In a Guardian Culture Professionals Network post film industry veteran Terry Illot observes that “According to British Film Institute (BFI) data, of the nearly 1,200 directors who made British feature films in the 20 years to 2008, 74% made one, 15% made two, just under 6% achieved three, and 2.4% made between five and nine. A mere six directors were able to put together 10 or more films.”
Here in Edinburgh Napier’s Screen Media Research Centre we’ve been monitoring the equivalent data for Scotland for some time (see our 2010 post on the topic here) and looking at the latest there is some good news and some bad news.
The good news is that looking at the most recent 5 year period that we can track forward five years (that is 2004-2008) 24% of first time directors in Scotland went on to make a second film and 12% to make a third. this is significantly better than the UK rate.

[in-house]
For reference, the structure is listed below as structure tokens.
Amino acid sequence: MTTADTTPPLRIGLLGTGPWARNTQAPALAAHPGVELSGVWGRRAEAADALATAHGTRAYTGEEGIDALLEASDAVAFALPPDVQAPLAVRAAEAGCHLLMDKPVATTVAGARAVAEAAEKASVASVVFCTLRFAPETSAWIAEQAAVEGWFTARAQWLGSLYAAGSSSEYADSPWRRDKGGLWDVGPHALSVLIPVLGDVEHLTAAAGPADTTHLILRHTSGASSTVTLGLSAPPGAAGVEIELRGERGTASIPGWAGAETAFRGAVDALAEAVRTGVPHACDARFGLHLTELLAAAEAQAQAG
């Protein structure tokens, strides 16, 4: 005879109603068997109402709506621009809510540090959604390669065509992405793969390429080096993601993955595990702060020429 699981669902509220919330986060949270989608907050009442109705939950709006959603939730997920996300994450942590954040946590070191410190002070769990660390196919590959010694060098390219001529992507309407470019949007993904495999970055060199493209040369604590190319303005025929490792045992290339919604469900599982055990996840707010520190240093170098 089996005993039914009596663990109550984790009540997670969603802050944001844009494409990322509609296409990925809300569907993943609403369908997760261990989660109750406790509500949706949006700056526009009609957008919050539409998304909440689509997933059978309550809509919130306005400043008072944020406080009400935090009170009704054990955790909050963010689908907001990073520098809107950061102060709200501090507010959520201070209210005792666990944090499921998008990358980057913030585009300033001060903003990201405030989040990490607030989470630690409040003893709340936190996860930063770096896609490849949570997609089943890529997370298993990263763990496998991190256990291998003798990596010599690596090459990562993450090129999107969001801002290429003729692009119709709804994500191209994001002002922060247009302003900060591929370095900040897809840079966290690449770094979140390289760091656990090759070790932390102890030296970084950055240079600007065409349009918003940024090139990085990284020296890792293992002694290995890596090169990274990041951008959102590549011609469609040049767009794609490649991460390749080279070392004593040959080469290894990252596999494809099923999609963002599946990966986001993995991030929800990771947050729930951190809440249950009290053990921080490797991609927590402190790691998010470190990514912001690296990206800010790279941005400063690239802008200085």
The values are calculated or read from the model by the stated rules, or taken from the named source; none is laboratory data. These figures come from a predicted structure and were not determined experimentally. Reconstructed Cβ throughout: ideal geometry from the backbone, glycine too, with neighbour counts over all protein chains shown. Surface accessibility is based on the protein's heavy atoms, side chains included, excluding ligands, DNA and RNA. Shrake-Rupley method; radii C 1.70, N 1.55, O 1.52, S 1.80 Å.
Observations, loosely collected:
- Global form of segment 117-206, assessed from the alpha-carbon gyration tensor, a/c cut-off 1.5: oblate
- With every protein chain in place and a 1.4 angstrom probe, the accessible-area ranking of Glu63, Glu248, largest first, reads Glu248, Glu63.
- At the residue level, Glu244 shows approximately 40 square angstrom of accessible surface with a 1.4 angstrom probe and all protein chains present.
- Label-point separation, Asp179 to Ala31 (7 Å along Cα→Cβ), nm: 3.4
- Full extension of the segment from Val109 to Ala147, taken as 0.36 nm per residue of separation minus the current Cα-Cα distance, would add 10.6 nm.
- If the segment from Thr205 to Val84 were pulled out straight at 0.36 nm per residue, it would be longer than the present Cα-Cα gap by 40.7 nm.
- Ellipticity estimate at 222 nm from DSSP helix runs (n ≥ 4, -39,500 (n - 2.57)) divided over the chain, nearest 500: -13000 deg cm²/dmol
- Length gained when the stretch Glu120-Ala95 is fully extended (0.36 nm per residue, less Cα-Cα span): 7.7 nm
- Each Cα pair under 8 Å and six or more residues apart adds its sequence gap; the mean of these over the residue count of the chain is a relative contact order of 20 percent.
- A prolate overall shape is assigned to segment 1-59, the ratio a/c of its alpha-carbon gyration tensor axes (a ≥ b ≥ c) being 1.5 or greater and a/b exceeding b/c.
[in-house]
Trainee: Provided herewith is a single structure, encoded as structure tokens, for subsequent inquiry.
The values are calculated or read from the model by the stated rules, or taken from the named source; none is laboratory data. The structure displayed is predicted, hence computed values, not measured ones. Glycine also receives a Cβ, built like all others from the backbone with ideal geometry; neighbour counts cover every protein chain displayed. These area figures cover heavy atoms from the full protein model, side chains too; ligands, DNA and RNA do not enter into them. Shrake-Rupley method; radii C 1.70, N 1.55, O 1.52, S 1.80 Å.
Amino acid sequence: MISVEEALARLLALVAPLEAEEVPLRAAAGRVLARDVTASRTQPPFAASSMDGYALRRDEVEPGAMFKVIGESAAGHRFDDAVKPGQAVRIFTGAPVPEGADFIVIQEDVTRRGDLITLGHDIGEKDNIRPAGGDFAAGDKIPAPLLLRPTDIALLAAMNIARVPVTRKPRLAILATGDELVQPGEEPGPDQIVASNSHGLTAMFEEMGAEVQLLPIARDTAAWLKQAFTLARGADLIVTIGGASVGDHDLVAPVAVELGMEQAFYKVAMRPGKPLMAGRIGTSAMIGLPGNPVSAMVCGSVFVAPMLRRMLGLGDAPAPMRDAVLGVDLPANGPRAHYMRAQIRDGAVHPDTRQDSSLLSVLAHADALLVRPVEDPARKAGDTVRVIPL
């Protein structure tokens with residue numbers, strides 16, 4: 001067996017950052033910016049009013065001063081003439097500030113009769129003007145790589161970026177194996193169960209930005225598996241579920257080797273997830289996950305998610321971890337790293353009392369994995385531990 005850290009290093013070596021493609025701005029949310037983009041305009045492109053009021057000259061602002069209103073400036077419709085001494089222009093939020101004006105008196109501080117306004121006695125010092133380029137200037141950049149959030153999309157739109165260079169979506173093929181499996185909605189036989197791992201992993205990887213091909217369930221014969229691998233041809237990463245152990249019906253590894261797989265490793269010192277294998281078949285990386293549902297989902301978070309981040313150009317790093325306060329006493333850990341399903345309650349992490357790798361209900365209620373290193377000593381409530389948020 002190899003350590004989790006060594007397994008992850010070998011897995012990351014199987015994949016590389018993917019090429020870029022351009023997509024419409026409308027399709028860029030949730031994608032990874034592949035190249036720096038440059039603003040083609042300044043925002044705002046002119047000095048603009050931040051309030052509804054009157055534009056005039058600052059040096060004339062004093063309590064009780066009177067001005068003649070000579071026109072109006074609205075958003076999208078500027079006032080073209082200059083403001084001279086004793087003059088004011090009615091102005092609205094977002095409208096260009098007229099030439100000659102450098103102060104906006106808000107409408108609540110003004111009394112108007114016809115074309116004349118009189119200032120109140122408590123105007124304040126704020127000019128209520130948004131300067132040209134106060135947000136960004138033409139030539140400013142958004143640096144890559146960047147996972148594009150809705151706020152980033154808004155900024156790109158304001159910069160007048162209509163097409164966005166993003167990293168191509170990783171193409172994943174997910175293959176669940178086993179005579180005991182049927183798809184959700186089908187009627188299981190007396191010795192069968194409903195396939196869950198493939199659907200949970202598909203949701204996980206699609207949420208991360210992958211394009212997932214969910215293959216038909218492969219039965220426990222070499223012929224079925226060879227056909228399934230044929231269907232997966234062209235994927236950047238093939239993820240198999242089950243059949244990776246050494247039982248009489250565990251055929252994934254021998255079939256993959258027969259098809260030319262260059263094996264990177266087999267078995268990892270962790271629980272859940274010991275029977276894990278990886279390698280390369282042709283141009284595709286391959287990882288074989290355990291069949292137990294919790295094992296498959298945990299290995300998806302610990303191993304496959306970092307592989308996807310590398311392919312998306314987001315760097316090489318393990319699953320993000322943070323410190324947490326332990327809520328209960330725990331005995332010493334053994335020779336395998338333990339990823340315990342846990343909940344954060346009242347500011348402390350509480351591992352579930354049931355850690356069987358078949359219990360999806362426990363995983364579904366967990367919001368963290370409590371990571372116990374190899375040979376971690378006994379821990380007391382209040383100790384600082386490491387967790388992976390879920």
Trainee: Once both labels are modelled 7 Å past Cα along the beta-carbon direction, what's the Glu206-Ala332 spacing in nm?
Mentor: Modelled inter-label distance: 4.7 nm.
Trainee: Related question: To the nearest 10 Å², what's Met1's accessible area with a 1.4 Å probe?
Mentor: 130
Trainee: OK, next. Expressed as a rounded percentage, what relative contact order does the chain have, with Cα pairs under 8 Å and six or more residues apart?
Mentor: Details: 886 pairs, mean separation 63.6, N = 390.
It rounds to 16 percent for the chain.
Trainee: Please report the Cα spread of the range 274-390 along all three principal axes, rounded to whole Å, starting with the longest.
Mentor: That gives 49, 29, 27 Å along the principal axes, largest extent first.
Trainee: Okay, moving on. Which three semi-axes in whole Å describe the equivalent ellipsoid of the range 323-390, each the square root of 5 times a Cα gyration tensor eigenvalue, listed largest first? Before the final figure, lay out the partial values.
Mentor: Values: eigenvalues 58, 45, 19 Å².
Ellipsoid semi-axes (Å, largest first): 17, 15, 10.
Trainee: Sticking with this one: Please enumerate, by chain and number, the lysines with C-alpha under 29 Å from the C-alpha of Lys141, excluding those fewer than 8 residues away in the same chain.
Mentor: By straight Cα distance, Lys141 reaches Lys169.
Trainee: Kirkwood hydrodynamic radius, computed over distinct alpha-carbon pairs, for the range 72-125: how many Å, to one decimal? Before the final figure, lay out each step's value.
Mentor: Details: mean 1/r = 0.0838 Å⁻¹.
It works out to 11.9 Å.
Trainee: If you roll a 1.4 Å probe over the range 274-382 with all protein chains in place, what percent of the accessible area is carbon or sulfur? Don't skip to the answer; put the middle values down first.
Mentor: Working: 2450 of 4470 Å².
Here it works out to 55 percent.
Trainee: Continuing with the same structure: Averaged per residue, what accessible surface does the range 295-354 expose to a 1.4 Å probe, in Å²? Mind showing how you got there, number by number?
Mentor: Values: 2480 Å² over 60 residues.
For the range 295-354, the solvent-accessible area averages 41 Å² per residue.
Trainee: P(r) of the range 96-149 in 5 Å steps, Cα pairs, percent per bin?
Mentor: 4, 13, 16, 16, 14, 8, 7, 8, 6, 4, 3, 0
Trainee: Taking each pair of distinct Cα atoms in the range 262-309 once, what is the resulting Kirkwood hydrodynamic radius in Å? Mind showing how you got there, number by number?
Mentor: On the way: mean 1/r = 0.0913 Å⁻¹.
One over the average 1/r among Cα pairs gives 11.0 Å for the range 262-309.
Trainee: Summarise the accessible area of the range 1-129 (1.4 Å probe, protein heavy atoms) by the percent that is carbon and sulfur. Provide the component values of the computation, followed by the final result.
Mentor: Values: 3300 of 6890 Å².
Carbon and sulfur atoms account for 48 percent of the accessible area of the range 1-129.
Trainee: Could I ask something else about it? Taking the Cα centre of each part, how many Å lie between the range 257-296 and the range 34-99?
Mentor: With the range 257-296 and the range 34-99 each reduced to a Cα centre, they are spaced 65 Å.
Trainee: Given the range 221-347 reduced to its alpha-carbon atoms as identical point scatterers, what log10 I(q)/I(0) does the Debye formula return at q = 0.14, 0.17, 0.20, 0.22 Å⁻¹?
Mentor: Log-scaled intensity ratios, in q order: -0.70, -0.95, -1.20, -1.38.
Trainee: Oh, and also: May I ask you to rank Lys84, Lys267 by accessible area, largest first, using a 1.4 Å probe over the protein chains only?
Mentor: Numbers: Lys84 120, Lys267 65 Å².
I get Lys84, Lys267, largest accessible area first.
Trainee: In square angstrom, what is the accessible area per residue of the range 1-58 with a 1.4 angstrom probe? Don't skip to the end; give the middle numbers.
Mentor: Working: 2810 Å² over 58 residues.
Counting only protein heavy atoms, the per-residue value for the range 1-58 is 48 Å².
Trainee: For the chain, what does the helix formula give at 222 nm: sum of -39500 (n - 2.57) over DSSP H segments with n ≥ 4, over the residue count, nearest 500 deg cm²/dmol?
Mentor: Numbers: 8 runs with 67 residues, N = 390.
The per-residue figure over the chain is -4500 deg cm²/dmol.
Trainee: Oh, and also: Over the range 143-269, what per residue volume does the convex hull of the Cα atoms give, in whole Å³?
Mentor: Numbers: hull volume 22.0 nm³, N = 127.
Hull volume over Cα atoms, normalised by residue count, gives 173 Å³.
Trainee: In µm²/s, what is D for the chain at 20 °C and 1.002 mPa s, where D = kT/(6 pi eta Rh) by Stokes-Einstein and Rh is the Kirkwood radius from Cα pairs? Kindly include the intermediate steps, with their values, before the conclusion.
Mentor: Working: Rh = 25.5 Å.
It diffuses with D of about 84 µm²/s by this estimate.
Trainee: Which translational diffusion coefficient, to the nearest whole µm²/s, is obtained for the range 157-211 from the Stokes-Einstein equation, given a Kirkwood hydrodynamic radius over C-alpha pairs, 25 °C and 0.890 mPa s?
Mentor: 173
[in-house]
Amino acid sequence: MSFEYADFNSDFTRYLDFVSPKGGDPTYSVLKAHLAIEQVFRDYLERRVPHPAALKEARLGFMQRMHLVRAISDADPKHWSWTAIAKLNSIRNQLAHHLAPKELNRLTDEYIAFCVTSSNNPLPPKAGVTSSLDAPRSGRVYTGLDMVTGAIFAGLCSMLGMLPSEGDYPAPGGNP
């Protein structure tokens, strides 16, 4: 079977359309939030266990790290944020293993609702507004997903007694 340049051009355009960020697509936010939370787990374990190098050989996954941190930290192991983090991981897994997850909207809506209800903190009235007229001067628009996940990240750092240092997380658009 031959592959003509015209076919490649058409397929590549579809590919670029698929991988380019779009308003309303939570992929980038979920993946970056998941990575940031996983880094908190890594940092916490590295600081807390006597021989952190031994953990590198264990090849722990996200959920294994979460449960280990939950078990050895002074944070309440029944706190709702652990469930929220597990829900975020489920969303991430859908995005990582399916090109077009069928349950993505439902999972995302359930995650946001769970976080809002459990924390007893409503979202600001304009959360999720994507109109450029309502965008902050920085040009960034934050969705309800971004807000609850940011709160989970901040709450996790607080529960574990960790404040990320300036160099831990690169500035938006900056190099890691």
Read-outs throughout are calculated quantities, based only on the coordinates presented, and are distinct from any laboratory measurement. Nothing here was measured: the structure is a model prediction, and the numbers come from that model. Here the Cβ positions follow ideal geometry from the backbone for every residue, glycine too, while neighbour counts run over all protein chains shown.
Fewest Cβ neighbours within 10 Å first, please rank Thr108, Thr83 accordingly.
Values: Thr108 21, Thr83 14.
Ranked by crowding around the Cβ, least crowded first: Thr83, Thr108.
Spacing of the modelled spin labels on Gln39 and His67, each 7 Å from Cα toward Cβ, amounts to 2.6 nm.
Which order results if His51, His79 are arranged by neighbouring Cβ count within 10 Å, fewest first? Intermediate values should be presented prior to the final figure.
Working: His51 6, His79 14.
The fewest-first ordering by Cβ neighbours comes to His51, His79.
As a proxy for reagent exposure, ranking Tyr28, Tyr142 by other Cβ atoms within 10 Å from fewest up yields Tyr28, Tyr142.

The bad news is that the when you go back and look at the five year periods from 1979 onwards the rate of progression from a first to a second feature has been steadily dropping as follows:
|5 year grouping of transition from 1st to second film IN SCOTLAND|
|1sts||who 2nd||who 3rd||% 2nd||% 3rd|
So we can see clearly see that while its got ‘easier’ in some respects to make a first feature its got harder to make a second and subsequent film. That reflects in part the Lottery fueled expansion of film funding in the 90s but also the reality that the size of the market has not changed significantly so with more talents on show with a substantially publicly subsidized first feature the competition to secure market finance for the all important second film is that much more intense. You could argue that is as it should be i.e. more risk upfront and a winnowing out of the talent subsequently.